Canada Surveillance

If You Could Speak at the Bill C-51 Hearing, What Would You Say?

Eva Prkachin | Posted 03.18.2015 | Canada Politics
Eva Prkachin

Our own Steve Anderson has been invited to testify before the committee and share our community's concerns about C-51 with key decision makers. We know that when we speak out together with one voice we can change the government's mind. That's why we need your help right now.

Feds Address 4-Year-Old Promise For Better Spy Oversight

CP | Jim Bronskill, The Canadian Press | Posted 02.25.2015 | Canada Politics

OTTAWA - The Conservative government says it is working on more comprehensive monitoring of Canadian intelligence agencies — over four years after c...

Better Late Than Never: Politicians Are Speaking up Against Bill C-51

Eva Prkachin | Posted 04.17.2015 | Canada Politics
Eva Prkachin

Huge numbers of Canadians, including key Ottawa decision-makers, are pushing back hard against the government's Bill C-51, which proposes unprecedented new powers for Canada's security agencies. The bill effectively turns CSIS into a secret police force and would place every Canadian under a government microscope.

How to Tackle Canada's Privacy Deficit

David Christopher | Posted 04.07.2015 | Canada Politics
David Christopher

Anyone can be a victim of surveillance. If you've used any of over a hundred popular file-hosting websites in the past three years, chances are you've had your online activity collected and analyzed by CSEC, acting without a warrant and with no independent oversight. There is a great deal that can be done to tackle our privacy deficit.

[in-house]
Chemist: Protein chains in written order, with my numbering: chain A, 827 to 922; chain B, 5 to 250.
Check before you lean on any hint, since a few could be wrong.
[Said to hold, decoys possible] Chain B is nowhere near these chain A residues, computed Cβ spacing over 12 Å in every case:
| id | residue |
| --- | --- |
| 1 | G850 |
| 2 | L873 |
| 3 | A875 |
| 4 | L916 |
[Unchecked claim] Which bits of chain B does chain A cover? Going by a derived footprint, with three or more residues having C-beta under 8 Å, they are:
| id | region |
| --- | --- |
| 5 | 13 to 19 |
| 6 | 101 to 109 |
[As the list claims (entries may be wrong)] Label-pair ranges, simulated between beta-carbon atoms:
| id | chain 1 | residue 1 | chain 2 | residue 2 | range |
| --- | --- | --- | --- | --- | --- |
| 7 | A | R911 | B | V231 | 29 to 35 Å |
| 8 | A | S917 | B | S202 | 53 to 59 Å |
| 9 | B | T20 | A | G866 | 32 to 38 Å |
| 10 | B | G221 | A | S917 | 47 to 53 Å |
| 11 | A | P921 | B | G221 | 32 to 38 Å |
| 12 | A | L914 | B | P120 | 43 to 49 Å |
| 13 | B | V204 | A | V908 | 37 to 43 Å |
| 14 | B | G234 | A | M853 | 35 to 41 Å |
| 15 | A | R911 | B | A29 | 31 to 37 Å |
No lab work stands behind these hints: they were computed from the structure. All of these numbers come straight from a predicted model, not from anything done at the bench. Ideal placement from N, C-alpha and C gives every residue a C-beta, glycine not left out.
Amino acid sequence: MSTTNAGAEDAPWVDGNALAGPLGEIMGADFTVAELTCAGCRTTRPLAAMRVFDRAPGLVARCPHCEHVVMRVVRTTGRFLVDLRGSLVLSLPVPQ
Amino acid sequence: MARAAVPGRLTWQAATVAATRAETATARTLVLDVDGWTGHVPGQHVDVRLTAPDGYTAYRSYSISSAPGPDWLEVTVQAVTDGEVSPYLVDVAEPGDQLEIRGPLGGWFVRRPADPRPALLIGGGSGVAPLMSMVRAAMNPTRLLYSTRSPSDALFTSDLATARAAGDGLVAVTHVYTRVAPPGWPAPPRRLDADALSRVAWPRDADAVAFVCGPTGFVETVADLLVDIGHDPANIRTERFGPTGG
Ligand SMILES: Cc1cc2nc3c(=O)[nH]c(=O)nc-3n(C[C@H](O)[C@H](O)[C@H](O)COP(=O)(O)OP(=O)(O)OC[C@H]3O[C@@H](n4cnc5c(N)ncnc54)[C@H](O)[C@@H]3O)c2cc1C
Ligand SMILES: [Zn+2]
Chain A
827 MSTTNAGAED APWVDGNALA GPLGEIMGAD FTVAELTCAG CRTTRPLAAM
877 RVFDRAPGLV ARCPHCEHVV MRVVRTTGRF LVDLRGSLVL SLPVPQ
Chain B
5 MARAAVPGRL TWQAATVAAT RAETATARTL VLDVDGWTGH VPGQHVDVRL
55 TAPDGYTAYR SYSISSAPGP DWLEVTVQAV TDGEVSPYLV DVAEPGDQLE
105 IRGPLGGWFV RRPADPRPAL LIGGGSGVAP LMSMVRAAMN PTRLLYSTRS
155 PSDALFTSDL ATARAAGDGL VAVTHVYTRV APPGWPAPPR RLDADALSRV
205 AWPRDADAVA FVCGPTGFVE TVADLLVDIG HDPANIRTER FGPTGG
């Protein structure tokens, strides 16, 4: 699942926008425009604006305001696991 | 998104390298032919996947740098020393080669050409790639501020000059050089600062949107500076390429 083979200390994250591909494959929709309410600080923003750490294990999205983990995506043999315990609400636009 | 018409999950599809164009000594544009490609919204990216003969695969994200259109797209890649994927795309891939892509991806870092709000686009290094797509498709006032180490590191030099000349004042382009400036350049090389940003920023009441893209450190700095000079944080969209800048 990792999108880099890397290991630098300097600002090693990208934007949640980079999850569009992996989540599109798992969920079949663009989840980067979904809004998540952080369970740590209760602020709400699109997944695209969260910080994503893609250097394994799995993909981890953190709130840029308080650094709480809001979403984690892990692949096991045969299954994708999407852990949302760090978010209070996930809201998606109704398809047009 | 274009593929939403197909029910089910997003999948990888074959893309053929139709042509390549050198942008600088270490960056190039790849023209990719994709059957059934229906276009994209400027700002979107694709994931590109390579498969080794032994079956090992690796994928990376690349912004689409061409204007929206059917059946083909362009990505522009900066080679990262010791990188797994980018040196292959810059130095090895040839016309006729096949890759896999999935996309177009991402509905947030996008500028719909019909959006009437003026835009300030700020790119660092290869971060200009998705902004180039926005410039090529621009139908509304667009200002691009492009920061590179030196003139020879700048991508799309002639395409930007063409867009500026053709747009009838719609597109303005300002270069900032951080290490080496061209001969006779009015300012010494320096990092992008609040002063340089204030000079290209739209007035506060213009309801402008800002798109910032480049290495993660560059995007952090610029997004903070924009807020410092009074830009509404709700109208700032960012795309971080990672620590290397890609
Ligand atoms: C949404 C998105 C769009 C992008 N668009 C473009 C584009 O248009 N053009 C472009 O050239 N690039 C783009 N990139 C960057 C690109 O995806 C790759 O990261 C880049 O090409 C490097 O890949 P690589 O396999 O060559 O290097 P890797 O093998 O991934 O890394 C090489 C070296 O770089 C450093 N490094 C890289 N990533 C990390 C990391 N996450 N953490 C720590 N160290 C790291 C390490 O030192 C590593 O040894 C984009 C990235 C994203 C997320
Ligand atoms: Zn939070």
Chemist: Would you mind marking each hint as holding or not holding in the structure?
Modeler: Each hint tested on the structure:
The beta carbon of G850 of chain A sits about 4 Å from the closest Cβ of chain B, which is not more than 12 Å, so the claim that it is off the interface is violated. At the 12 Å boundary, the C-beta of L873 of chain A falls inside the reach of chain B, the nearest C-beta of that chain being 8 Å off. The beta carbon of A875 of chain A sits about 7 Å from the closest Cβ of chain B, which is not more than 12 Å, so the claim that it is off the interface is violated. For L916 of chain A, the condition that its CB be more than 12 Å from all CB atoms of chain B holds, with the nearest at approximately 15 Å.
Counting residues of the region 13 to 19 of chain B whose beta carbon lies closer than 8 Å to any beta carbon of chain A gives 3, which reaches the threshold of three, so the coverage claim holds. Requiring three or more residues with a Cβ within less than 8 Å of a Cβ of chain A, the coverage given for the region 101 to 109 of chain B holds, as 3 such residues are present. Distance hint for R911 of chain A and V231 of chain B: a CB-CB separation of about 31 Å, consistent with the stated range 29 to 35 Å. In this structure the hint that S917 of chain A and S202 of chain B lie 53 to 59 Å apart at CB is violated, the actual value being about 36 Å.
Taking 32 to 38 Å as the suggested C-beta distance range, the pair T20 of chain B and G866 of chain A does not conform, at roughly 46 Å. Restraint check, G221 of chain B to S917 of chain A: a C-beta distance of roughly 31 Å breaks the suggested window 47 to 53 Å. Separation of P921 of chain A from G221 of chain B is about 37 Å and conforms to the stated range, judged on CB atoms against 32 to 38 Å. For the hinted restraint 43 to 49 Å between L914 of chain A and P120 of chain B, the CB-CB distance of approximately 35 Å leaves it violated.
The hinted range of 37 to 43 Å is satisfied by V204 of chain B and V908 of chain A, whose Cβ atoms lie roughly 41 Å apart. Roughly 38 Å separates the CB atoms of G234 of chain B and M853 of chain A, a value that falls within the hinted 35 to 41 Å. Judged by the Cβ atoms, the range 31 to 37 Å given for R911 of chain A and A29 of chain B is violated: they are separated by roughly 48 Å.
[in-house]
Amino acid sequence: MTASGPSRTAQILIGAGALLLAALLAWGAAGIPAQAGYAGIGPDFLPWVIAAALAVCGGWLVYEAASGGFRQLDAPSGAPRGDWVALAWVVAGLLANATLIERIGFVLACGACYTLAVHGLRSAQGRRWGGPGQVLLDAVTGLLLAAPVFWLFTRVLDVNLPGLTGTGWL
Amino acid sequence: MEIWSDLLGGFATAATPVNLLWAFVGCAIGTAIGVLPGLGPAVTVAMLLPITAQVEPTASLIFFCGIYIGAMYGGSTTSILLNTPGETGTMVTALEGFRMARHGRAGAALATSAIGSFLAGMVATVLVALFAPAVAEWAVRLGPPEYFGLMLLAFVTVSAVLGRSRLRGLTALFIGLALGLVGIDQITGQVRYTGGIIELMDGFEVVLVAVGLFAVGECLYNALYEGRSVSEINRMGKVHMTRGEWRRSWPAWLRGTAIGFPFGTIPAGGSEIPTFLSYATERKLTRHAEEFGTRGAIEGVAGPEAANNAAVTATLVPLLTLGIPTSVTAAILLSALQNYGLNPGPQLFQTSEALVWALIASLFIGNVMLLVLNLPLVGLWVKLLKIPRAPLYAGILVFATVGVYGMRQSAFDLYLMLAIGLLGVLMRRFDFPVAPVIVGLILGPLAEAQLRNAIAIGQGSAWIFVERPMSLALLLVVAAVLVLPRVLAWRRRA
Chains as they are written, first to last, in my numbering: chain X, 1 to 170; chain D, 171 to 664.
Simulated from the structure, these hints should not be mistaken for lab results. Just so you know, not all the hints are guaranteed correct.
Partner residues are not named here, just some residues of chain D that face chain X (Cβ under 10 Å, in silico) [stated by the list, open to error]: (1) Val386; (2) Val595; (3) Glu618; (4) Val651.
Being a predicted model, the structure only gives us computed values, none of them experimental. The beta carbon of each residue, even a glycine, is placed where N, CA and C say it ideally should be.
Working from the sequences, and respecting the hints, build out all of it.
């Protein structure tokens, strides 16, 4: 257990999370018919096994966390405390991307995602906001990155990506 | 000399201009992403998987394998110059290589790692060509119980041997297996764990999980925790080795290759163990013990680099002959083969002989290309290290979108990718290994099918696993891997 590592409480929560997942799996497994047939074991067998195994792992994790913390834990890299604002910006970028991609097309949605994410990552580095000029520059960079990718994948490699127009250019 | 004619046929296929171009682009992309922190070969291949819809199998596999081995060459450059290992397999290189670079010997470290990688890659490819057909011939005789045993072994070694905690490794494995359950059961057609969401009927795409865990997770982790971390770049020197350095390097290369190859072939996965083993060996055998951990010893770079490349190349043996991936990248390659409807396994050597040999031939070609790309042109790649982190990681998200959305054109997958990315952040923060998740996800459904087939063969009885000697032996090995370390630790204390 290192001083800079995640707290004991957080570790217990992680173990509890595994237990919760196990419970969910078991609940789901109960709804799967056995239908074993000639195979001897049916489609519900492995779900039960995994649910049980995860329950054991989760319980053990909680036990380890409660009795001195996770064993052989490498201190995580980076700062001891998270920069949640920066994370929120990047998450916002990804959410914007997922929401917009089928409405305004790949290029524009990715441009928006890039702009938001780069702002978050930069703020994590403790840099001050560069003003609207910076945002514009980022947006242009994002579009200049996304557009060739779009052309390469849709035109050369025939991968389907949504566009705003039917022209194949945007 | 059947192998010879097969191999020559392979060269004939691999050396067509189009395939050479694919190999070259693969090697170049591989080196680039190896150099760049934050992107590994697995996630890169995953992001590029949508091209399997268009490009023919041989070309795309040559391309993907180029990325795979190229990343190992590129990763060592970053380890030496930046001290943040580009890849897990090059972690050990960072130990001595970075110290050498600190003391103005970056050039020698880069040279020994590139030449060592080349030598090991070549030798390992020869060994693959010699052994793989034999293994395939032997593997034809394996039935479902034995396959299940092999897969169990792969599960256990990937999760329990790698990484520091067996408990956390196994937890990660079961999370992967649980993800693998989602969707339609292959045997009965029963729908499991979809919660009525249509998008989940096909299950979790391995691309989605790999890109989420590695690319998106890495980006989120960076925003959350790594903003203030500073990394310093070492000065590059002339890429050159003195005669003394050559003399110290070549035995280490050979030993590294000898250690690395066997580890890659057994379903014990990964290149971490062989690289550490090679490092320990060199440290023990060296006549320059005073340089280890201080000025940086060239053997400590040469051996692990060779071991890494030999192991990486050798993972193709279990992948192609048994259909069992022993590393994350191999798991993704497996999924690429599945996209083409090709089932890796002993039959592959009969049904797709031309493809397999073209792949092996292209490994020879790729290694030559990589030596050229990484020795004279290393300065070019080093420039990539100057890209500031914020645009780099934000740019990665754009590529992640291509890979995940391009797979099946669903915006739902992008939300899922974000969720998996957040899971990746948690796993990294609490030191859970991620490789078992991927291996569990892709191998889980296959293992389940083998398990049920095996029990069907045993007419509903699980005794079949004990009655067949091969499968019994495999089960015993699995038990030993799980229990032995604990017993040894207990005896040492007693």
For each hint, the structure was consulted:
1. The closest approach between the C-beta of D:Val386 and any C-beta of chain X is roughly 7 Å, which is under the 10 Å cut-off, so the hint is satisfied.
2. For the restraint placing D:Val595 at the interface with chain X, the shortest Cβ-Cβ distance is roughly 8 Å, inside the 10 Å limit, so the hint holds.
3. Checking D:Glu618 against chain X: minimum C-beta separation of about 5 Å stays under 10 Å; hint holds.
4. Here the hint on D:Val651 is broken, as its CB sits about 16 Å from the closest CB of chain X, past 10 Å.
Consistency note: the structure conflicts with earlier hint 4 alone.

Harper's New 'Anti-Terrorism' Bill Will Create a Climate of Self-Censorship

Peter Nowak | Posted 04.06.2015 | Canada Politics
Peter Nowak

The Harper government's newly introduced "anti-terrorism" legislature, Bill C-51, has been roundly condemned as an assault on privacy and free speech -- and rightly so. Besides hunting down would-be terrorists, the new laws could be used to stifle dissent, remove due process and lead to the creation of a secret police force, critics say. In a supposedly enlightened and democratic country such as Canada, these would be unwelcome developments to say the least. But there is a deeper cost to eroding privacy than just the spurring of undesirable changes in external entities such as courts and communications networks. Also at stake is the very freedom of Canadians to internally determine who they are and want to be.

Snowden: Canadians Should Be 'Extraordinarily Cautious'

The Huffington Post Canada | Zi-Ann Lum | Posted 02.04.2015 | Canada Politics

NSA whistleblower Edward Snowden addressed students at a Toronto private school via video link on Monday to warn about the perils of being complacent ...

Quebec Insurers Test Project To Track Drivers

CBC | Posted 04.05.2015 | Canada Business